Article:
Step 3: Attaching Materials To The Bike

Now that you have your bike ready and your materials on hand, it is time to construct it all. 

             Before Attaching the Materials:
1. Fill up the air tank with air. Over half a tank is recommended.
2. Make sure that your portable air tank is attached to a piece of 1/2 inch thick hose. The length of the hose is up to you.

             Steps To Attaching The Materials:
1. If you don't want to scratch your luggage rack on your bike, place a towel down.
2. Set your air tank on top of the luggage rack.
3. Take your bungee cord or strap and wrap it around the air tank and the frame of the bike. (Be sure to wrap it around a secure spot on your bike frame)!
4. Take your other bungee cord or strap and wrap it around a different spot on the bike frame and the air tank. (Attaching any other cords/straps for extra support is recommended but optional).
5. Take your hose running from the air tank and strap it on the frame of the bike using (duct tape) until it reaches the handlebars on the bike. 
6. Try to place the blow gun attachment at a comfortable position on the handlebar. Strap it down with duct tape. 
7. Attach the blow gun attachment at the end of the hose to the hose from the air horn.
8. Position the horn on the handlebar. This is where the hose clamp may come in handy. Luckily this bike has a cup holder to position the horn on so a hose clamp is unnecessary. 
J-Ri3 years ago
Cool project!

But I'm afraid I'm gonna have to jump on the safety bandwagon here, but I'll jump off pretty quick.

You say the tank is old. When compressed air is cooled, the humidity in the air condenses and pools up in the bottom of the tank. The tank is probably fairly rusty on the inside, especially where it's welded together. Assuming the tank is about 8" diameter, you have roughly 50 square inches in the welded-on ends of the tank. Assuming a modest 100 PSI (you didn't say what pressure you fill it to, or I missed that part), that's 5000 pounds pressing against it. IF the weld were to break simultaneously all the way around, and someone got in the way, they would be hurt, probably severely. It's unlikely, but I like to play it safe... when there is no fun lost in doing so :)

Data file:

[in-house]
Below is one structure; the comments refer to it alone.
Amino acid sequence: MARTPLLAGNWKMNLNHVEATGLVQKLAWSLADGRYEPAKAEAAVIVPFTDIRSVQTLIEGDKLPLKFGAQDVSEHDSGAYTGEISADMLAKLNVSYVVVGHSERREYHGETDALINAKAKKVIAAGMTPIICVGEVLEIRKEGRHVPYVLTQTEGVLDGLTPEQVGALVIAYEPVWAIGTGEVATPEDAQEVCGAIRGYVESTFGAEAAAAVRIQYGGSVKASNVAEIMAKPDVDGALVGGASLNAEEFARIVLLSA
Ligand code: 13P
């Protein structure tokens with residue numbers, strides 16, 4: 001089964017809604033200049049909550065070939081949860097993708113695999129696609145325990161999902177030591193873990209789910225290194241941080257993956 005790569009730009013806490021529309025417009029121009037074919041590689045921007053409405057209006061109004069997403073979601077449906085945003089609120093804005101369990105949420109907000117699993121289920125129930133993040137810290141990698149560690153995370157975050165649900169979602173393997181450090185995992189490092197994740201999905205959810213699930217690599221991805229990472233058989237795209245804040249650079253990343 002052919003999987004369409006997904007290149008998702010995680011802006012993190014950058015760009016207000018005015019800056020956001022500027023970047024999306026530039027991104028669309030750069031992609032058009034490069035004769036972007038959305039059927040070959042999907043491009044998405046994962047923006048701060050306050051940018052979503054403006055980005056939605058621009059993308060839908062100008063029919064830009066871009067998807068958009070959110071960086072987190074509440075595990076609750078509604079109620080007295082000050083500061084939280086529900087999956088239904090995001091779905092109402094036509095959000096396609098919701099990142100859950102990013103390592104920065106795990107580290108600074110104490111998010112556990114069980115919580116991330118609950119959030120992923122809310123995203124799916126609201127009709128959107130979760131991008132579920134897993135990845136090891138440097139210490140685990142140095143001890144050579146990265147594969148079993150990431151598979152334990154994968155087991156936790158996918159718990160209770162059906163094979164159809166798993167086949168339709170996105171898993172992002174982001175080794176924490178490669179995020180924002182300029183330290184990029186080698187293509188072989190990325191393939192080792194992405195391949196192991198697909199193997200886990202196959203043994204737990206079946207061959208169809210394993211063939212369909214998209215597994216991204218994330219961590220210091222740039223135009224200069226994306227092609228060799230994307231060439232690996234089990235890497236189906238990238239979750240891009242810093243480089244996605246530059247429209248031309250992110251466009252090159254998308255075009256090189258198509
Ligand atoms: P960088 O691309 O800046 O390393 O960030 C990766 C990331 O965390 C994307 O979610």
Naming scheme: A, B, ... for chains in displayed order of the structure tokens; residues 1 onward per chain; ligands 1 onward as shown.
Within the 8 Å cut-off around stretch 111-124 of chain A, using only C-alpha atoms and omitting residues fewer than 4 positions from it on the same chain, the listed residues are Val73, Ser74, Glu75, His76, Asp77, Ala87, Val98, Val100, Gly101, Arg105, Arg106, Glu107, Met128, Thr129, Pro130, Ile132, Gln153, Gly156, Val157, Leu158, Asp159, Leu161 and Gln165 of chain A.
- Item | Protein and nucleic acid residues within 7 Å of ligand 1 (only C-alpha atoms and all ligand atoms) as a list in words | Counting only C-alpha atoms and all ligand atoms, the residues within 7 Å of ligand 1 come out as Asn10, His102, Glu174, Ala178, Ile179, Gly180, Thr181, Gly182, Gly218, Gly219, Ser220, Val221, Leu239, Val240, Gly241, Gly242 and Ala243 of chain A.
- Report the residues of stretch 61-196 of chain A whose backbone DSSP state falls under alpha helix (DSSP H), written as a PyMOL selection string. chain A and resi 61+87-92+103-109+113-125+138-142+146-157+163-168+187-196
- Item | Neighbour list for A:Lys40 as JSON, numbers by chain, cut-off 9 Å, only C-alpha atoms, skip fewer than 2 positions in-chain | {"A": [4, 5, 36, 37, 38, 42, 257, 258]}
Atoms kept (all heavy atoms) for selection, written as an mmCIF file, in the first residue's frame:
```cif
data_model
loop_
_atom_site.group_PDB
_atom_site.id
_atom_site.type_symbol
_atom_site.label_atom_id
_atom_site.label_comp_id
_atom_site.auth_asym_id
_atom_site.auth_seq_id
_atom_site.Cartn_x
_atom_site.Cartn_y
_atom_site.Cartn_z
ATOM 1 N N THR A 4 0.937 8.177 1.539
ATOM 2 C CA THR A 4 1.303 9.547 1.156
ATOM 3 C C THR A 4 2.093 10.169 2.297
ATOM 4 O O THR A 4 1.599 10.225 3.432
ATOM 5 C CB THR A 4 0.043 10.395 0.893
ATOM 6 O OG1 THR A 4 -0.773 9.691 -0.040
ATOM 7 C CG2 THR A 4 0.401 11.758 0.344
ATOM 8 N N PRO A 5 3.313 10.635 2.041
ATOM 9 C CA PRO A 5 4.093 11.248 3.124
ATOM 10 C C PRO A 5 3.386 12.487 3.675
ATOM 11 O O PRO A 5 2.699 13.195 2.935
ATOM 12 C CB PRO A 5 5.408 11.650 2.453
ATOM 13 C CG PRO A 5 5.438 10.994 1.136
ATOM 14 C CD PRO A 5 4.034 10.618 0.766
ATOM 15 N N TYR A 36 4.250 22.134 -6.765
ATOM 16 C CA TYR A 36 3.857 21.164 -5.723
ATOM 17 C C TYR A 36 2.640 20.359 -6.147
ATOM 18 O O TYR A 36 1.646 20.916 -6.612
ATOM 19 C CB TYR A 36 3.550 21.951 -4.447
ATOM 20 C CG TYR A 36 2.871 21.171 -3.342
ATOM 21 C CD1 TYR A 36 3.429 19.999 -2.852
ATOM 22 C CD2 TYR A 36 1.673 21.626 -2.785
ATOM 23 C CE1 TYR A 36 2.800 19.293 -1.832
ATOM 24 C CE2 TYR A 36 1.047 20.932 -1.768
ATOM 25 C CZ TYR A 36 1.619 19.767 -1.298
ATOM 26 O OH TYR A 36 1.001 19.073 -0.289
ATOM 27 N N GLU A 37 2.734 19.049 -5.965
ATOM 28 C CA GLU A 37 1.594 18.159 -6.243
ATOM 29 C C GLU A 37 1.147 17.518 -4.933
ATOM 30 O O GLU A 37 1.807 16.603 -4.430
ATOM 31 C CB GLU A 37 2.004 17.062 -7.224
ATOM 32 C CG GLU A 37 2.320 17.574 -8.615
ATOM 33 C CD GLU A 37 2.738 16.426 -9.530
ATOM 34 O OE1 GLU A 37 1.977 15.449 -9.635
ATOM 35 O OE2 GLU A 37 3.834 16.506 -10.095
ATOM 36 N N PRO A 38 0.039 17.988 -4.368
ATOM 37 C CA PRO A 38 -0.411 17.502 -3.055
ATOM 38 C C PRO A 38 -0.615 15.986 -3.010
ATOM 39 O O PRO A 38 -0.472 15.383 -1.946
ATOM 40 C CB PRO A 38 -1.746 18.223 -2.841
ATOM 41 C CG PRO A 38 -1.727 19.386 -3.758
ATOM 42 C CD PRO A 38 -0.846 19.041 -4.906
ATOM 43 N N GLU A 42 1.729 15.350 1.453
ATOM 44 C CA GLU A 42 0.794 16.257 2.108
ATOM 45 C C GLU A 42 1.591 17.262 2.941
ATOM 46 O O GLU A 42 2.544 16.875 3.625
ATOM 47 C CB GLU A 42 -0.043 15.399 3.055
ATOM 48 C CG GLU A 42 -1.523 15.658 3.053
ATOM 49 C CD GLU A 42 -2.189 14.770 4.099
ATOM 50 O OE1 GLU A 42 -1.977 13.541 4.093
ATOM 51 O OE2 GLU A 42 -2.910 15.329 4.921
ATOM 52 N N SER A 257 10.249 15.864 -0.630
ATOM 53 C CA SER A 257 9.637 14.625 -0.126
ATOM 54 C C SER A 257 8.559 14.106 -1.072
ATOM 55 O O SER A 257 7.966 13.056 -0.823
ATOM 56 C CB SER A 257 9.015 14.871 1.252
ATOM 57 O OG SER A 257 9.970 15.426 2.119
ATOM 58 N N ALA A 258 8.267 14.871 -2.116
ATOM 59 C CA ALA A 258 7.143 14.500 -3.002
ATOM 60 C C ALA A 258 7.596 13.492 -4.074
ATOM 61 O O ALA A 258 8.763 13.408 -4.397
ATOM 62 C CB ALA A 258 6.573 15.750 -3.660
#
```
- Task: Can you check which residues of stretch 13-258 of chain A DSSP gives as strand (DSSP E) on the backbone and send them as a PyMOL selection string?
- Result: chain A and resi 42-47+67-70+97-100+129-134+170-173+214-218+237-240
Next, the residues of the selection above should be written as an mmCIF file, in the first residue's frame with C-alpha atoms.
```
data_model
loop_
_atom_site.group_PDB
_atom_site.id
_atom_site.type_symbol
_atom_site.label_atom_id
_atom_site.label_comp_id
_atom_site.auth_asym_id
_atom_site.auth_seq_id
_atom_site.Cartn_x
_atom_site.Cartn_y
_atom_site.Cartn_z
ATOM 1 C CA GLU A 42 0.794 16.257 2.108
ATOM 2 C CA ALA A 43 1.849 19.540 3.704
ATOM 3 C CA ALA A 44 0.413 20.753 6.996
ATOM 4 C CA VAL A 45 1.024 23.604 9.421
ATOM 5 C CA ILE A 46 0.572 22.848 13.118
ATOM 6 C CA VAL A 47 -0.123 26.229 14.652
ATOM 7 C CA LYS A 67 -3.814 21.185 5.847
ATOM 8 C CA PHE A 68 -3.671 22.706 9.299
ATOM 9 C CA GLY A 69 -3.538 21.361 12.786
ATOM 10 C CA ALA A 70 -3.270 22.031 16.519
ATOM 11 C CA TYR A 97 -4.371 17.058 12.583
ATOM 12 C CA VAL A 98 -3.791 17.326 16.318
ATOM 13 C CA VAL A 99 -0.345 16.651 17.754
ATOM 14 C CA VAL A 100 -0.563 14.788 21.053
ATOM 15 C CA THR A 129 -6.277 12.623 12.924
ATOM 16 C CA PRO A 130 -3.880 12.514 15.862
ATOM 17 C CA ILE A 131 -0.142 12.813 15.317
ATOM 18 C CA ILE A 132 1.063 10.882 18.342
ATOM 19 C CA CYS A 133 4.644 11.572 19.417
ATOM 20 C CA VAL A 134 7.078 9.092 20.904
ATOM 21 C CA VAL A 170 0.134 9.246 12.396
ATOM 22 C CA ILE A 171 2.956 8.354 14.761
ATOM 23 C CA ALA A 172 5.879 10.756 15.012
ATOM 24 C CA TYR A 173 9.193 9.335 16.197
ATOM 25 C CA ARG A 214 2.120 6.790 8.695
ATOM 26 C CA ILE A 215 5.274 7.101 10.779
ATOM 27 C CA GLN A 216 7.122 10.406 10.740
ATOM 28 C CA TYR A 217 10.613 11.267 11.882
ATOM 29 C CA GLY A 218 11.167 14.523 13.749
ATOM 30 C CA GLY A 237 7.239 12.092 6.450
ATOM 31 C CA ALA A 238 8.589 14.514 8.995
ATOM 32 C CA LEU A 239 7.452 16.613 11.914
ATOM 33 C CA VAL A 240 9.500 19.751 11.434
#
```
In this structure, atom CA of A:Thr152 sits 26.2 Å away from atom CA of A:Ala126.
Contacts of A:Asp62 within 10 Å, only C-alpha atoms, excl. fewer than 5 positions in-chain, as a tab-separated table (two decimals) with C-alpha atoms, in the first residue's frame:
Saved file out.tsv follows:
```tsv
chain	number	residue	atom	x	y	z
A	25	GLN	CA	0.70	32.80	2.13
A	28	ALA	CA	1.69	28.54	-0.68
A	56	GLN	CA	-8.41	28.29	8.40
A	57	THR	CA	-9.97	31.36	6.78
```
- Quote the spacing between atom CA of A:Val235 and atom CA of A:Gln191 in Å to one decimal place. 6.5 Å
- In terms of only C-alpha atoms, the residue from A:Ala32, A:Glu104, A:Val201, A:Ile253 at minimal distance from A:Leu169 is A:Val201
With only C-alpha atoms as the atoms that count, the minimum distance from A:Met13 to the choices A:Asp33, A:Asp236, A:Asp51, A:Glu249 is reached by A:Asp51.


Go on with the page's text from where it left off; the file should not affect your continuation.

I DON'T suggest doing the following (it's probably considered dangerous or something..., I want no liability here):
What I do to pressure test an old tank is duct tape the pressure relief valve so it doesn't open at the pressure it should. Somewhere on the tank it will have a maximum pressure and burst pressure stamped into the metal. I fill the tank to 20-30 PSI below the burst pressure (or as high as my air compressor goes, depending what the rating is) AFTER placing it in a steel box. I fill it while monitoring a second pressure gauge outside the steel box. If it holds up, I use the tank for another year. I had one break once, and it put a good sized dent in the side of the 1/8" thick stainless steel tool box in the bed of my truck. But it was also about 14" in diameter and burst somewhere around 140 PSI, so a lot more force.